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About the course
Dramatic economic shifts, accelerated changes in communication, and the failure of classic institutions have lead to a vast amount of global confusion. Previously, as seen in a number of sectors over the past several decades, design has been used as a systematic approach toward solving wicked problems from constructing city skyscrapers to navigating the early days of the World Wide Web. Public policy by way of this design thinking is the process of actively considering stakeholders needs and desires during policy design in order to effectively develop and create a course of action that attains a desired societal outcome. This seminar introduces participants to the concept of design thinking for policy by way of user-centered design as a means to facilitate both collaborative governance and innovative policy solutions.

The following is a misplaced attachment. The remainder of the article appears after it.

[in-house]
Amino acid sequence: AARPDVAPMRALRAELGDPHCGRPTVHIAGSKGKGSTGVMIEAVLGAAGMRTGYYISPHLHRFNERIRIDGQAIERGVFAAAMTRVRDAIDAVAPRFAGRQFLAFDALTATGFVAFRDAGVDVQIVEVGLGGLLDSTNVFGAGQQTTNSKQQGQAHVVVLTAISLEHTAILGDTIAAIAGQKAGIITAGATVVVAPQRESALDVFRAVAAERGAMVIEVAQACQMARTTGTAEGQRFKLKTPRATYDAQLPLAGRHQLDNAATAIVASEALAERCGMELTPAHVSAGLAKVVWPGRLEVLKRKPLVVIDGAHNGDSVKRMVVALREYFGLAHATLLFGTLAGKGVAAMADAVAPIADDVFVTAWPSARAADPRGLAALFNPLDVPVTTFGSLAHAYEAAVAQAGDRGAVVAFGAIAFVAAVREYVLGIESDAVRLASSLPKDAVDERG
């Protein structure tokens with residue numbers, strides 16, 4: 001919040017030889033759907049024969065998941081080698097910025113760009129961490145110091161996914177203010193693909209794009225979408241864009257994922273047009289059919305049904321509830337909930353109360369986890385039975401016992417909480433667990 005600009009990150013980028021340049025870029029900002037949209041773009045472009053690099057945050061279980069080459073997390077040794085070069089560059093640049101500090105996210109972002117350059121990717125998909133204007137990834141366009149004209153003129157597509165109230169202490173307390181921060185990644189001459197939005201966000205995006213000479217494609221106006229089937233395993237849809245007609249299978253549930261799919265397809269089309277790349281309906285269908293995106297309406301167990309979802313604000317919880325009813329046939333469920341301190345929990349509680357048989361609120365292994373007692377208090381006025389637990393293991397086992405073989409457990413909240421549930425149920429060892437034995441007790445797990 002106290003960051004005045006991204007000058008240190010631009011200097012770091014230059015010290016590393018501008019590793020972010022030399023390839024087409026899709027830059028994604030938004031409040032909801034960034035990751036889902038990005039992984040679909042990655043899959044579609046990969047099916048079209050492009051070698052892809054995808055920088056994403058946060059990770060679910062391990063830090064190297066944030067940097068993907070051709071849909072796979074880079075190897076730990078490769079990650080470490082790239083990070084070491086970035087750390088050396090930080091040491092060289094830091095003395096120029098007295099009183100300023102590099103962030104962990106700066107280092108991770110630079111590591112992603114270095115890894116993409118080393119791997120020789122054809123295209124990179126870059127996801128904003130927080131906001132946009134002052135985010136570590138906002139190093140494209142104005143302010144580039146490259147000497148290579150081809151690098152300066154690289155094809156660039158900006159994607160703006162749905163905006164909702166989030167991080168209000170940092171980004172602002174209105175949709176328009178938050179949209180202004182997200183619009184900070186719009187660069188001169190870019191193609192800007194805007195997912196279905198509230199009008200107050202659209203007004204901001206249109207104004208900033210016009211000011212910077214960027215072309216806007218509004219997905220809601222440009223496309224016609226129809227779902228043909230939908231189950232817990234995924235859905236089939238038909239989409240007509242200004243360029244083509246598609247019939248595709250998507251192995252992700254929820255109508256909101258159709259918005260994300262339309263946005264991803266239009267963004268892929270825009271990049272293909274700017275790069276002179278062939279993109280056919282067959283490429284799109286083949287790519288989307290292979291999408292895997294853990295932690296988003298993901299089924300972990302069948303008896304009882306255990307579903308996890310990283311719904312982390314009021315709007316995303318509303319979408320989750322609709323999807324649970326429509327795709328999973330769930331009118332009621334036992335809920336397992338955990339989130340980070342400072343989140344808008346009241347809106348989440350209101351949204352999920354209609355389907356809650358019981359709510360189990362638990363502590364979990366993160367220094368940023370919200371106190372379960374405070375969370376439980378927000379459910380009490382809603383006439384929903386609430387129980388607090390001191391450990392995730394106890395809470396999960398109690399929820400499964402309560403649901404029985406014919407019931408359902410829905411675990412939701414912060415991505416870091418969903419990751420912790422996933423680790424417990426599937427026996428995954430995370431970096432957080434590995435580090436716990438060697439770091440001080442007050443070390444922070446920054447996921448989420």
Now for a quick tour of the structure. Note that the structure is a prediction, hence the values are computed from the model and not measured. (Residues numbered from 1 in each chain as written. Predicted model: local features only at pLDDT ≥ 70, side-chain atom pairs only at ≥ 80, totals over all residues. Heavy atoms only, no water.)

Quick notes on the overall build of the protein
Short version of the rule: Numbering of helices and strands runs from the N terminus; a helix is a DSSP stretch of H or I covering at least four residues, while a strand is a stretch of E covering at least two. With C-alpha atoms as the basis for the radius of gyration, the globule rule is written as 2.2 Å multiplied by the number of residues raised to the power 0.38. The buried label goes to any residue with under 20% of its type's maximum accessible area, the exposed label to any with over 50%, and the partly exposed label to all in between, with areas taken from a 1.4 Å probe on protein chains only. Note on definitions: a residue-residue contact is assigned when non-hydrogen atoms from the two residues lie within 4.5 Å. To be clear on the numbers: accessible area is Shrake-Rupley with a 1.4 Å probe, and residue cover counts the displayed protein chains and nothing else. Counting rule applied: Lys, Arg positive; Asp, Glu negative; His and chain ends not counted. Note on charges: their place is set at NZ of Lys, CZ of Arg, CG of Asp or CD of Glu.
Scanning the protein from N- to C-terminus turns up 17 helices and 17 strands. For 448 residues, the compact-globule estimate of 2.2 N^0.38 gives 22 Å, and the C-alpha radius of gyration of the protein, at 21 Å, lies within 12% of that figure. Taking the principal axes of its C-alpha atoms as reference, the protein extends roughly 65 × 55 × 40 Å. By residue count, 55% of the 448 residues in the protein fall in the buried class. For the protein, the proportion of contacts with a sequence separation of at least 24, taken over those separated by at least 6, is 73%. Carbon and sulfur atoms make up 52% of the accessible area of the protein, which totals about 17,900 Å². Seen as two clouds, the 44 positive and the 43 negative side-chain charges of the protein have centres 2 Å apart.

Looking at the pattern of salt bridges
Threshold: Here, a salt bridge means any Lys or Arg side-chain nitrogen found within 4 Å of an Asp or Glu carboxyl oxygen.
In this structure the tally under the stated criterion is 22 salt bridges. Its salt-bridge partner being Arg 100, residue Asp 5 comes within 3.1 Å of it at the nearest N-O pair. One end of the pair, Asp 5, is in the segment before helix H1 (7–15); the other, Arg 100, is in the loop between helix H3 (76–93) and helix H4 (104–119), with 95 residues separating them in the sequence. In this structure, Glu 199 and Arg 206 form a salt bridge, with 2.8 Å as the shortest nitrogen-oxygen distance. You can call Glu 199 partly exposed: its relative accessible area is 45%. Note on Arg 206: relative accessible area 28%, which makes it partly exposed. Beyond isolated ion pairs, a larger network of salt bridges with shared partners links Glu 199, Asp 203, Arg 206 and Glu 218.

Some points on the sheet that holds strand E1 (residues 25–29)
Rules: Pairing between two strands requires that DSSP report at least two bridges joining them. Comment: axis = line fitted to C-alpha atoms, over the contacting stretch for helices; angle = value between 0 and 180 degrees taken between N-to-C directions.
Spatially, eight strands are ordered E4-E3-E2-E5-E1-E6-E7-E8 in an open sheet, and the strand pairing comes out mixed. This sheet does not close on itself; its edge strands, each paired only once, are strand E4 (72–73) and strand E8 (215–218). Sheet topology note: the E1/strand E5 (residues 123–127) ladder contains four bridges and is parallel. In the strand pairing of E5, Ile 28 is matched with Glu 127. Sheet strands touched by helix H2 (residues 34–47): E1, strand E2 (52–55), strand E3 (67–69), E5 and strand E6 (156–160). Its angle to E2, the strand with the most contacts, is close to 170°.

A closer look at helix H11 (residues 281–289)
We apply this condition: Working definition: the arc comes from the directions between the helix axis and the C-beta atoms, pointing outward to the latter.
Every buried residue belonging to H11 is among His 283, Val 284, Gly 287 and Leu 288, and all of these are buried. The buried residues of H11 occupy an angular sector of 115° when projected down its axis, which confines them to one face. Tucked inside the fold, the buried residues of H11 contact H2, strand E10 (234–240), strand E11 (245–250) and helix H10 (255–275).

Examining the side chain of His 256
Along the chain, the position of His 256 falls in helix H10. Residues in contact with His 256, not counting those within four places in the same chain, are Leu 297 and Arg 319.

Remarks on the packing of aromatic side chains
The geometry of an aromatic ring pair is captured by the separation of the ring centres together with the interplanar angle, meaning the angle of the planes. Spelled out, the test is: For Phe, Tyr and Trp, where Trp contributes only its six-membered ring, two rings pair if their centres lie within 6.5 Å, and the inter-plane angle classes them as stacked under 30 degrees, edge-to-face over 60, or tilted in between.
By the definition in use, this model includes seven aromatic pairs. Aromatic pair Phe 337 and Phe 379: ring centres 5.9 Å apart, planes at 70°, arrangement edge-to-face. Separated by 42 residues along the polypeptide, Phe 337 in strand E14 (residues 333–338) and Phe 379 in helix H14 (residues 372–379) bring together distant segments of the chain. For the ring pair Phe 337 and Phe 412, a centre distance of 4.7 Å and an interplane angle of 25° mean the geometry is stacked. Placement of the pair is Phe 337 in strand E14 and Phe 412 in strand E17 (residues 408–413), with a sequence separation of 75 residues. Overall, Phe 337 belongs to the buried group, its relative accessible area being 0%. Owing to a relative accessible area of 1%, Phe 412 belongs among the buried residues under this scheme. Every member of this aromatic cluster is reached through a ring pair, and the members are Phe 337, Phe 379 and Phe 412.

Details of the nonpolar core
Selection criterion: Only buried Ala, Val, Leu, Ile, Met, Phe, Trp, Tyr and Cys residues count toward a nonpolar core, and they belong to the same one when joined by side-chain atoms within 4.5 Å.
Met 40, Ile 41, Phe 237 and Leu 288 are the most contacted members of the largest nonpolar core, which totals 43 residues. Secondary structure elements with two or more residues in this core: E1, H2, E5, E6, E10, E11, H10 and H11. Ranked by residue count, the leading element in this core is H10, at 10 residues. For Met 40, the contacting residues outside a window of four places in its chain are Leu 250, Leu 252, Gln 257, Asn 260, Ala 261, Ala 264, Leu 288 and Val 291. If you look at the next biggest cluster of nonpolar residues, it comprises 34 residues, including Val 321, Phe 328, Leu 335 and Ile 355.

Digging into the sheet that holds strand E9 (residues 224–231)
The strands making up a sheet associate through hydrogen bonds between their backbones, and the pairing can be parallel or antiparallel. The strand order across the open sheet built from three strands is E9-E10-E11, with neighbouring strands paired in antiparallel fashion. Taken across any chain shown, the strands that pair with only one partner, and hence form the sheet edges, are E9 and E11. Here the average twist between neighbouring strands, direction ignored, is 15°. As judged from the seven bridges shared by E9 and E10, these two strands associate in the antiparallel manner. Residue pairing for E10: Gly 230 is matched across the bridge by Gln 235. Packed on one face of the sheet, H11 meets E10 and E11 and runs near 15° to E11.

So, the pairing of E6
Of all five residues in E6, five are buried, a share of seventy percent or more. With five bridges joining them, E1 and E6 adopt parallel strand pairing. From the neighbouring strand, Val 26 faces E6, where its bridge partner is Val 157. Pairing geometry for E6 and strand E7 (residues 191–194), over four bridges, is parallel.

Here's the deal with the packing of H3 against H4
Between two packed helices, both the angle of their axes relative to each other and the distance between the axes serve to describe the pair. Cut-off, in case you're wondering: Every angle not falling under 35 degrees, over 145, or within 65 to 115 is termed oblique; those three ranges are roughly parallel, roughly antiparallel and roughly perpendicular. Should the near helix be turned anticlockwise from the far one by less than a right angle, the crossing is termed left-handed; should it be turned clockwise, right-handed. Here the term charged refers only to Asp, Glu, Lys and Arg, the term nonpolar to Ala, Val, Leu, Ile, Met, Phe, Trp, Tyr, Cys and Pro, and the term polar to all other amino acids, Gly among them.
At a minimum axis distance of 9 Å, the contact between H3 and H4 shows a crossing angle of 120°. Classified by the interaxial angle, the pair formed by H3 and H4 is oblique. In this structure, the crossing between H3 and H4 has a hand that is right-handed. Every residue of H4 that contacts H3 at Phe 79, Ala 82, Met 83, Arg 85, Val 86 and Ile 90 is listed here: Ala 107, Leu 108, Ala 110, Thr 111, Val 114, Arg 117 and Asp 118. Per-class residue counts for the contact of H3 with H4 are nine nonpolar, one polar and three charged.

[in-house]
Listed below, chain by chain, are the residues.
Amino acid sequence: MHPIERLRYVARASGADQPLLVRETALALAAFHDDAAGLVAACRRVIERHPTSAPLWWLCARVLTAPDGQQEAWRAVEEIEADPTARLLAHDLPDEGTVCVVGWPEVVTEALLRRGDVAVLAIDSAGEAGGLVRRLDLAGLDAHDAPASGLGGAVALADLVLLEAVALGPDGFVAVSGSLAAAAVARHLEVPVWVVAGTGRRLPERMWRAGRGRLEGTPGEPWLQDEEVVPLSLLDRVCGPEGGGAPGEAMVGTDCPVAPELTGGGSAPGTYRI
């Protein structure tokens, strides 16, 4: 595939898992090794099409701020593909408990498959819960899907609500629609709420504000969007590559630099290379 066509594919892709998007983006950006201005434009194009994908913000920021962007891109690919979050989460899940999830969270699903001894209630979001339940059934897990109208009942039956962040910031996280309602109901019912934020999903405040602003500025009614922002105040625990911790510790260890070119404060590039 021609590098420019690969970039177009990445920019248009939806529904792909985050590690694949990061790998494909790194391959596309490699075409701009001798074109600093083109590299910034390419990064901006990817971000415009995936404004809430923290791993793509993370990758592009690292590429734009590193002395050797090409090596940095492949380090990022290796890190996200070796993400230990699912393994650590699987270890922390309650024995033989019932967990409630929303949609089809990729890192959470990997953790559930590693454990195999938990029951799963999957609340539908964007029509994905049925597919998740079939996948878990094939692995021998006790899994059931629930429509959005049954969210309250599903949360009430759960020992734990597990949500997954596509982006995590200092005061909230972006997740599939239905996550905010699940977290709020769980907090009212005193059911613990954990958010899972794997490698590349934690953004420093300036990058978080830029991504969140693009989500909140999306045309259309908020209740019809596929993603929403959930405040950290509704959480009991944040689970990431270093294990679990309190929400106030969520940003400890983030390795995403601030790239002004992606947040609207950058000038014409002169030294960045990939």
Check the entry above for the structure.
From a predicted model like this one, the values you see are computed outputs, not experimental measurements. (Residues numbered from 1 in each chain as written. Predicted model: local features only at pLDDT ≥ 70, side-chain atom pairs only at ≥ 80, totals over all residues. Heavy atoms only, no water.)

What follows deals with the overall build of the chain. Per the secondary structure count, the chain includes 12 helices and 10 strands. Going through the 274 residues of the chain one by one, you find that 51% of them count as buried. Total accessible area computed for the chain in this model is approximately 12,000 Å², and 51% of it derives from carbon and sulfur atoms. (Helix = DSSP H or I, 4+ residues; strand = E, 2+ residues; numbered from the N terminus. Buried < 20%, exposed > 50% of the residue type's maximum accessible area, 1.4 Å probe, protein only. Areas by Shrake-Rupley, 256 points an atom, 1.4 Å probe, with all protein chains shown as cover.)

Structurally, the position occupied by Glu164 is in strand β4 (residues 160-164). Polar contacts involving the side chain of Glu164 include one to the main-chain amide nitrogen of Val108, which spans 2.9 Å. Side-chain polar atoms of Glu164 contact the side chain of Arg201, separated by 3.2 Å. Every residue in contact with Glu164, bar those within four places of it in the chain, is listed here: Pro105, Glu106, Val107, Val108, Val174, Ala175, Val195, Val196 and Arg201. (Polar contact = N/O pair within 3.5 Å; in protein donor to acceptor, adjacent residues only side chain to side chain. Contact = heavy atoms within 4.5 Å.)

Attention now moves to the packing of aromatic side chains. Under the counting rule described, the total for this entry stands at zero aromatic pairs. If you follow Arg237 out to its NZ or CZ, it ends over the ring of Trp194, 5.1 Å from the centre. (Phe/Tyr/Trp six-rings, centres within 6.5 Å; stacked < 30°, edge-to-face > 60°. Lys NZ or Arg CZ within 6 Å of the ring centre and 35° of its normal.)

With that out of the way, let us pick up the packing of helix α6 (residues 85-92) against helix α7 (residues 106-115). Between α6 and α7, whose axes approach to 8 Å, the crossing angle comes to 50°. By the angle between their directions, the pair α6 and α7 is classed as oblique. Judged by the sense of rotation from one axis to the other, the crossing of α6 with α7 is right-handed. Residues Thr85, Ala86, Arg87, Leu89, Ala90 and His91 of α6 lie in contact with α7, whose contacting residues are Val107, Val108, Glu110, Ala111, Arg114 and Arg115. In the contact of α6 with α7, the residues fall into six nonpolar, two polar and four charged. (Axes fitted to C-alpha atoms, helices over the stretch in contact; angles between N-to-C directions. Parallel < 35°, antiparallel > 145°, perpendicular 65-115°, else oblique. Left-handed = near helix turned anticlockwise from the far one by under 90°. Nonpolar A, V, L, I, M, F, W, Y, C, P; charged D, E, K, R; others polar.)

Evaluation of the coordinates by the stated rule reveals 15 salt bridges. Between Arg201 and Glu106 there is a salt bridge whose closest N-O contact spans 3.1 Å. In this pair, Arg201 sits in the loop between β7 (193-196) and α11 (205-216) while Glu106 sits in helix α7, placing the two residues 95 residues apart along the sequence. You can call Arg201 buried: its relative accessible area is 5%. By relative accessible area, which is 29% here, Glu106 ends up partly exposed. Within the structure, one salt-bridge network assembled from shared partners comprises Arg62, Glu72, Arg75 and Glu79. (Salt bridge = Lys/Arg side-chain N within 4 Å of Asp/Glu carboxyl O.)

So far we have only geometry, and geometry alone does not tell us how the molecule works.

By the end of the class, students will be able to:
Define the concept of design thinking in the context of modern and emerging public sector services;
Identify what makes design a tool and distinct process for driving innovative policy solutions;
Develop and apply existing models of policy design for social change at both the local and regional levels; and
Effectively implement user experience research as a means to facilitate both collaborative governance and innovative policy solutions.
Who should attend
This course is for government, nonprofit, and private sector employees interested in design as a tool for innovation in policy-making and collaborative governance.
Trust the experts
Scott Schmidt is an American researcher, designer, and educator. He is currently a Research Associate at the University of Maryland Human-Computer Interaction Lab and Adjunct Professor in the Master of Design Management and Communications program at Georgetown University and Master of Public Admi...